I don't think any normal person would expect the price would drop after the recent abstract made public last week. The market had basically factored in the total failure of START trial early this year when topline data failed to meet primary end point by dropping more than 50%. Now another 20% drop on an apparent good news (i.e., now it is likely that Merck KGaA will continually pursue the development of L-BLP25 and it is also like that Merck KGaA would be successful to negotiate an approval path with FDA.
Normally, for a single trial, a p value of 0.025 is significant while a p value of 0.05 is significant for two parallele trial. Now we have achieved a p value more less than 0.025 for a significant large group of patients for living more than 10 months longer.
So why the drop. As of 30 April 2013 there were still 7,720,250 shares short, and I think this number has been significantly increased by the shorts last week trying to drop the price "as if the START trial had failed the second time big time"
Since the shorts also recognized after the abstract information made public that the true value of ONTY share should be well above $5 excluding ONT-10 and PX866, both a billion dollar potential if successful, they don't wan to be forced to cover, and they think they are mighty (yes, they are).
So they wanted to show the recent news was a disaster, the PX866 is zero in value and onty share was overvalued. They manipulated the share price and they succeeded.
Next, they will cover in stealth hoping everyshare short would be covered at price low than the recent high of $2.6 (and I think they probably will succeed too as people sell their shares), and they will hype the share price.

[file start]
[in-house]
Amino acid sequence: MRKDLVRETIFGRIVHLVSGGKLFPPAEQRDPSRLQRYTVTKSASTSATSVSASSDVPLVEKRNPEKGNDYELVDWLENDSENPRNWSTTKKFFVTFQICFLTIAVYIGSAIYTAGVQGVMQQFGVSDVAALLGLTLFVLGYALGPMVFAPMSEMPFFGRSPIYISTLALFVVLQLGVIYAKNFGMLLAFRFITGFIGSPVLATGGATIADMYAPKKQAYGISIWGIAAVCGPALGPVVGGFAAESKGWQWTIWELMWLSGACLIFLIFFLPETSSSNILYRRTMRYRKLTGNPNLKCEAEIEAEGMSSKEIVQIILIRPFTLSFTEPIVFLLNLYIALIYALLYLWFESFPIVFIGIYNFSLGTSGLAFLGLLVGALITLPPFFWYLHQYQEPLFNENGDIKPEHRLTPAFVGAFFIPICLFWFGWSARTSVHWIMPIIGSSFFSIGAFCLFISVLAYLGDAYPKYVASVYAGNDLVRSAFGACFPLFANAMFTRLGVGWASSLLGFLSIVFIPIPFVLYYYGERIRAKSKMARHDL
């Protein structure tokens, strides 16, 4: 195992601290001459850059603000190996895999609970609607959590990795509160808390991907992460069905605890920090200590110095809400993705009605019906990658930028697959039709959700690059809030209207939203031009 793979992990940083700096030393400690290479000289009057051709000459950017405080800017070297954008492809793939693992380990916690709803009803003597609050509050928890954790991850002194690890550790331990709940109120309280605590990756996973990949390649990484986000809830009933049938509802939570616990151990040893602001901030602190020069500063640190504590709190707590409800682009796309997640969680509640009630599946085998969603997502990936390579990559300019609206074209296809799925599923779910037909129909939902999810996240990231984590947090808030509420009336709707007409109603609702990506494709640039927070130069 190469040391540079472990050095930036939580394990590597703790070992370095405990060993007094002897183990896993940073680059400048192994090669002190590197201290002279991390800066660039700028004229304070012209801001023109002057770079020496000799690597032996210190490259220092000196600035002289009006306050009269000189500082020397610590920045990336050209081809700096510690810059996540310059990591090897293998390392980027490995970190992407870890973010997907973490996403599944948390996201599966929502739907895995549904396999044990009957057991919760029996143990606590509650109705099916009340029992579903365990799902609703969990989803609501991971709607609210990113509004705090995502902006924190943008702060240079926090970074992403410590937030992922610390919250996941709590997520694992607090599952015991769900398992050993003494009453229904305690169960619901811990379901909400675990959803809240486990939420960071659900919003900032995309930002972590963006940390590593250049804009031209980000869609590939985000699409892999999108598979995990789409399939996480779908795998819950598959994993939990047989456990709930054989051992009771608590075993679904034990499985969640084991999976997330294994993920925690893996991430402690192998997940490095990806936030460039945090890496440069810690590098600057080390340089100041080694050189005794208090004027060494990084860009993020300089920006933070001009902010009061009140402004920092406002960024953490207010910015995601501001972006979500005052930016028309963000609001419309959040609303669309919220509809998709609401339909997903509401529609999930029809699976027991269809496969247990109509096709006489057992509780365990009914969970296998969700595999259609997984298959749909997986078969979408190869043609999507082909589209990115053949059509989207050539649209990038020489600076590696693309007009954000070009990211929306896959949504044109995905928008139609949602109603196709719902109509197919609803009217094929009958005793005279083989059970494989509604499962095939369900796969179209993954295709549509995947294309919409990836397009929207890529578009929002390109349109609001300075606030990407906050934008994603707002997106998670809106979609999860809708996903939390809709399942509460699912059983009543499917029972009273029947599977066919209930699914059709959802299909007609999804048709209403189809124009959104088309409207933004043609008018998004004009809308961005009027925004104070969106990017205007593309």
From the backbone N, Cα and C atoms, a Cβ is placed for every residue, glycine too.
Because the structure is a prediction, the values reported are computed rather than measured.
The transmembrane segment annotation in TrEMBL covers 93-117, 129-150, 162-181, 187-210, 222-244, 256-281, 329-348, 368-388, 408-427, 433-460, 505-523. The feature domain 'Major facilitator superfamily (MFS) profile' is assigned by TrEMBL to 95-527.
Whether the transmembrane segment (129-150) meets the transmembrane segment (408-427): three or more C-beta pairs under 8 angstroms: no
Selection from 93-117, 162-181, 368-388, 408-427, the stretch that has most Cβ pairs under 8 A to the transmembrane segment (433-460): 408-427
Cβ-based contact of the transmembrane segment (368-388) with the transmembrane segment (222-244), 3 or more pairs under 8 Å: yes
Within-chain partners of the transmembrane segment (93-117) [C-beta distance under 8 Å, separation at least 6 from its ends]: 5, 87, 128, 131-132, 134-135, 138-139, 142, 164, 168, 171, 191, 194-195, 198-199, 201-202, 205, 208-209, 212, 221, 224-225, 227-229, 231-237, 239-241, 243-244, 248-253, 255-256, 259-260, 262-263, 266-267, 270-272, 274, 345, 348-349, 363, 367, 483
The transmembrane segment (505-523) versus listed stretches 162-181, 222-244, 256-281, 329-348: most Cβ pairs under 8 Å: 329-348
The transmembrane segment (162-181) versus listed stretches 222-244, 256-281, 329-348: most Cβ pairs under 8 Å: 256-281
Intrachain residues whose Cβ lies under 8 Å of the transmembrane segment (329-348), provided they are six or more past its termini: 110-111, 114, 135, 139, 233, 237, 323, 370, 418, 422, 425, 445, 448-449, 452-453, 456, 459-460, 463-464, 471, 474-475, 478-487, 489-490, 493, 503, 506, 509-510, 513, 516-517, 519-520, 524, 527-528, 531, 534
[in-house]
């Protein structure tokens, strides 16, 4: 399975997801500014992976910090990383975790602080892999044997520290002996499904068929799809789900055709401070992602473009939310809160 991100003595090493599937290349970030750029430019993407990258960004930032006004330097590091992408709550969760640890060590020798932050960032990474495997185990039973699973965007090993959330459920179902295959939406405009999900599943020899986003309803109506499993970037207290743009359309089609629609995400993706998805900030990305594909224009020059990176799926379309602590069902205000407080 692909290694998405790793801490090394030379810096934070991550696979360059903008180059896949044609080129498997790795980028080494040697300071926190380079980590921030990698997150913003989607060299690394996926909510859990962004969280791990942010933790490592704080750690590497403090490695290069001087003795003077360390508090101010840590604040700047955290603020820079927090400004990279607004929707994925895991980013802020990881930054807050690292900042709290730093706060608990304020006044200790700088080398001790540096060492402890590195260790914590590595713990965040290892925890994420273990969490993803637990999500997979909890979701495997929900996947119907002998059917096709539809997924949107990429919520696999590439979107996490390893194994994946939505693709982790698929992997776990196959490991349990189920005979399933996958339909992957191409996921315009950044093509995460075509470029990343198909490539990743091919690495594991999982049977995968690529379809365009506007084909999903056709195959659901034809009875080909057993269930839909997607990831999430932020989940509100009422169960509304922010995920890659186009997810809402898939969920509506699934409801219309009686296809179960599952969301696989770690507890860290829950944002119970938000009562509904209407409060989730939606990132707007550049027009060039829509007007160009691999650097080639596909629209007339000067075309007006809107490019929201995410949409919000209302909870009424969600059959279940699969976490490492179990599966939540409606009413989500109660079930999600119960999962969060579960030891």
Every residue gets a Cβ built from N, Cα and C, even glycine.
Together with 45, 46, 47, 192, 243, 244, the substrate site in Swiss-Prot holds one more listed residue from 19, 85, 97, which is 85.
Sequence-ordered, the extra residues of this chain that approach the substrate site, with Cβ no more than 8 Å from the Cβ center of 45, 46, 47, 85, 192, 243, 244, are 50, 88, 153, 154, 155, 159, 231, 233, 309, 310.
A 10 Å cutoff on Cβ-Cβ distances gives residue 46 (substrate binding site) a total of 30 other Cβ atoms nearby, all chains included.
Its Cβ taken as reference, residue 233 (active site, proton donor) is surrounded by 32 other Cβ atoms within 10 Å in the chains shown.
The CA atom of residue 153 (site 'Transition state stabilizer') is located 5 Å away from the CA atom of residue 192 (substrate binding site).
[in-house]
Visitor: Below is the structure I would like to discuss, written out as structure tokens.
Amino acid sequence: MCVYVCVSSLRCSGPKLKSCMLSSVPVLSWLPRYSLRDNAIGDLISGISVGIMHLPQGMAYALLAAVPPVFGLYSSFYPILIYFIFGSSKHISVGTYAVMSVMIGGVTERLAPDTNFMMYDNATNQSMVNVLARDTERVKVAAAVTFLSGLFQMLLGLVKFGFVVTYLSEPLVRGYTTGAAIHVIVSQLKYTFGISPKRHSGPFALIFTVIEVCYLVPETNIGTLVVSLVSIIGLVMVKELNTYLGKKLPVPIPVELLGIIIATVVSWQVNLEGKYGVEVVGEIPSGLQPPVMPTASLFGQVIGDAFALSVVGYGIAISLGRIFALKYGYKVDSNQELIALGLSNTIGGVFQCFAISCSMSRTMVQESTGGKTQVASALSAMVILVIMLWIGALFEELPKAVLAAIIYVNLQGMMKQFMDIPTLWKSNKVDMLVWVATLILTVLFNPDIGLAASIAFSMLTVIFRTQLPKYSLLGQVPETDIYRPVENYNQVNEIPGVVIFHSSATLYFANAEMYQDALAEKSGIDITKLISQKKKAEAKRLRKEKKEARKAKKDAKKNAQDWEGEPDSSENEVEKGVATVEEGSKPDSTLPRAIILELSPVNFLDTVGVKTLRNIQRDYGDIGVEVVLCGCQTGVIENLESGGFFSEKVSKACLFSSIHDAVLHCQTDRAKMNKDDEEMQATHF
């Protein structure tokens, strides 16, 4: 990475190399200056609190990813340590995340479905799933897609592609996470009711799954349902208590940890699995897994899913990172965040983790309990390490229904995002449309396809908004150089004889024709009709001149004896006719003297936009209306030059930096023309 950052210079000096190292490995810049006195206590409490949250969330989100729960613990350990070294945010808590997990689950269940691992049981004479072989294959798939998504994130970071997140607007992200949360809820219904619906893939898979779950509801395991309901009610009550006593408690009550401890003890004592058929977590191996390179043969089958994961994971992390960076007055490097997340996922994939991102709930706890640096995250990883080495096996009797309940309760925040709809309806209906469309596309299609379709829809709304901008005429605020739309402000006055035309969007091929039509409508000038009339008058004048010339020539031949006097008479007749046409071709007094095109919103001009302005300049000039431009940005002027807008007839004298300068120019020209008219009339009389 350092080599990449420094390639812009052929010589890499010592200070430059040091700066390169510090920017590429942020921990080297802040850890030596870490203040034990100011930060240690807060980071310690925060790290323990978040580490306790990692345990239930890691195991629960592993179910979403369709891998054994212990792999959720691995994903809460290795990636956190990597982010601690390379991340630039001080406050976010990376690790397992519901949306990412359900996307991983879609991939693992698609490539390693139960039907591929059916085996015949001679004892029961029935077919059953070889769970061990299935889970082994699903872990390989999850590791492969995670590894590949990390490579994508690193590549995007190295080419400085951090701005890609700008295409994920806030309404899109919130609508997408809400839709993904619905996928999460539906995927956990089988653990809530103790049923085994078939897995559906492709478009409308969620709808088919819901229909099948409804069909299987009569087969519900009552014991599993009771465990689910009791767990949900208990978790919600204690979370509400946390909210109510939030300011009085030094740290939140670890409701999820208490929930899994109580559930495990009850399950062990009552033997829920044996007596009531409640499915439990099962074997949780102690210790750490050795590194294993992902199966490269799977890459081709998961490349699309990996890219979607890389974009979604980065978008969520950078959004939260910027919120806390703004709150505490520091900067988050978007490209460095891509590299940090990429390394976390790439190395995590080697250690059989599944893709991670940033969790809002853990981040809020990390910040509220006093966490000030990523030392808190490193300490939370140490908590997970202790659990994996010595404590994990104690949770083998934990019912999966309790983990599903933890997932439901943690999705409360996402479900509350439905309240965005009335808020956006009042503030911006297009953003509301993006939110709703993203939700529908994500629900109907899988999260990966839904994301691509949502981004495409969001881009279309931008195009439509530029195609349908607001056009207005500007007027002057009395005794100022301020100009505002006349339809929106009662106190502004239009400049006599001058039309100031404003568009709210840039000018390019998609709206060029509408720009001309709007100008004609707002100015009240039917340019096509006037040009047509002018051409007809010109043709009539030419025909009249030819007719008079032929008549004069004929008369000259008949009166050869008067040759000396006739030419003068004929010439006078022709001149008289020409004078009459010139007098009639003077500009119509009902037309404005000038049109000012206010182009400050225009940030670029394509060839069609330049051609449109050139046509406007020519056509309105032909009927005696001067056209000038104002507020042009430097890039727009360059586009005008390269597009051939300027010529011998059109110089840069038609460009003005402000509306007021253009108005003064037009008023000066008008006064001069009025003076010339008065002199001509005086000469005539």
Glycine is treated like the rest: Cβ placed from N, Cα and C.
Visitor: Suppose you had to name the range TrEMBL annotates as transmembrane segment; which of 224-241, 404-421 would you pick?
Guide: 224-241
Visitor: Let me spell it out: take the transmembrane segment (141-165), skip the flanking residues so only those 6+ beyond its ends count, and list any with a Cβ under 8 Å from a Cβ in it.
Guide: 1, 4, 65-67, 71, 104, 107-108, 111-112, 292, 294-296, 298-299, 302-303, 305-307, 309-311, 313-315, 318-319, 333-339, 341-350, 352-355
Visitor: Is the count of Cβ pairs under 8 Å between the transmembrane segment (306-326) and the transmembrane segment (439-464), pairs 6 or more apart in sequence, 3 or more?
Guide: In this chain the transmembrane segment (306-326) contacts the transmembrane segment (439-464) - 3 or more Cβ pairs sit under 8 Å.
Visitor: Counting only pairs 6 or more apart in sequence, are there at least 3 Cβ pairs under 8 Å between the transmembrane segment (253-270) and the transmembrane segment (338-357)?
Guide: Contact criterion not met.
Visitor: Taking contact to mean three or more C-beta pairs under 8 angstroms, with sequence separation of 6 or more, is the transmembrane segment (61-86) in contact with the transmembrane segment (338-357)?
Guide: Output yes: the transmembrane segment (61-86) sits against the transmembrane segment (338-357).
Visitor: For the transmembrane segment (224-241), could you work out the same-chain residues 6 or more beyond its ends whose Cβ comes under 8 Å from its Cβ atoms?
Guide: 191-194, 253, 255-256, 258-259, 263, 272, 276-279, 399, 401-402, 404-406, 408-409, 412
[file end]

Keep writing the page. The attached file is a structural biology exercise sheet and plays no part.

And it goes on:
There is also no true value for a stock. All you are buying is a piece of paper and then you are hoping another sucker will come along and pay you more for your piece of paper. When you people realize that this is a game, you will start making money. Dont fall in love with no stock.
"Normally, for a single trial, a p value of 0.025 is significant while a p value of 0.05 is significant for two parallele trial. Now we have achieved a p value more less than 0.025 for a significant large group of patients for living more than 10 months longer."
Here's how it works, for a single trial FDA (and EMA) require that the total probability of type 1 error (false positive) not exceed 5%. For a trial with a single tested dose and a single analysis, this requires attaining a p value of .05 or less. In situations with interim analyses, multiple doses, or multiple potential indications (ie subgroups) the regulatory agencies require that the p value be split among all these different analyses so that again, the total type 1 error does not exceed 5%. In order for an analysis to be considered statistically significant, it has to attain a prospectively defined p value, not a theoretic p value that would have been set if the original trial had been restricted to the subgroup in question.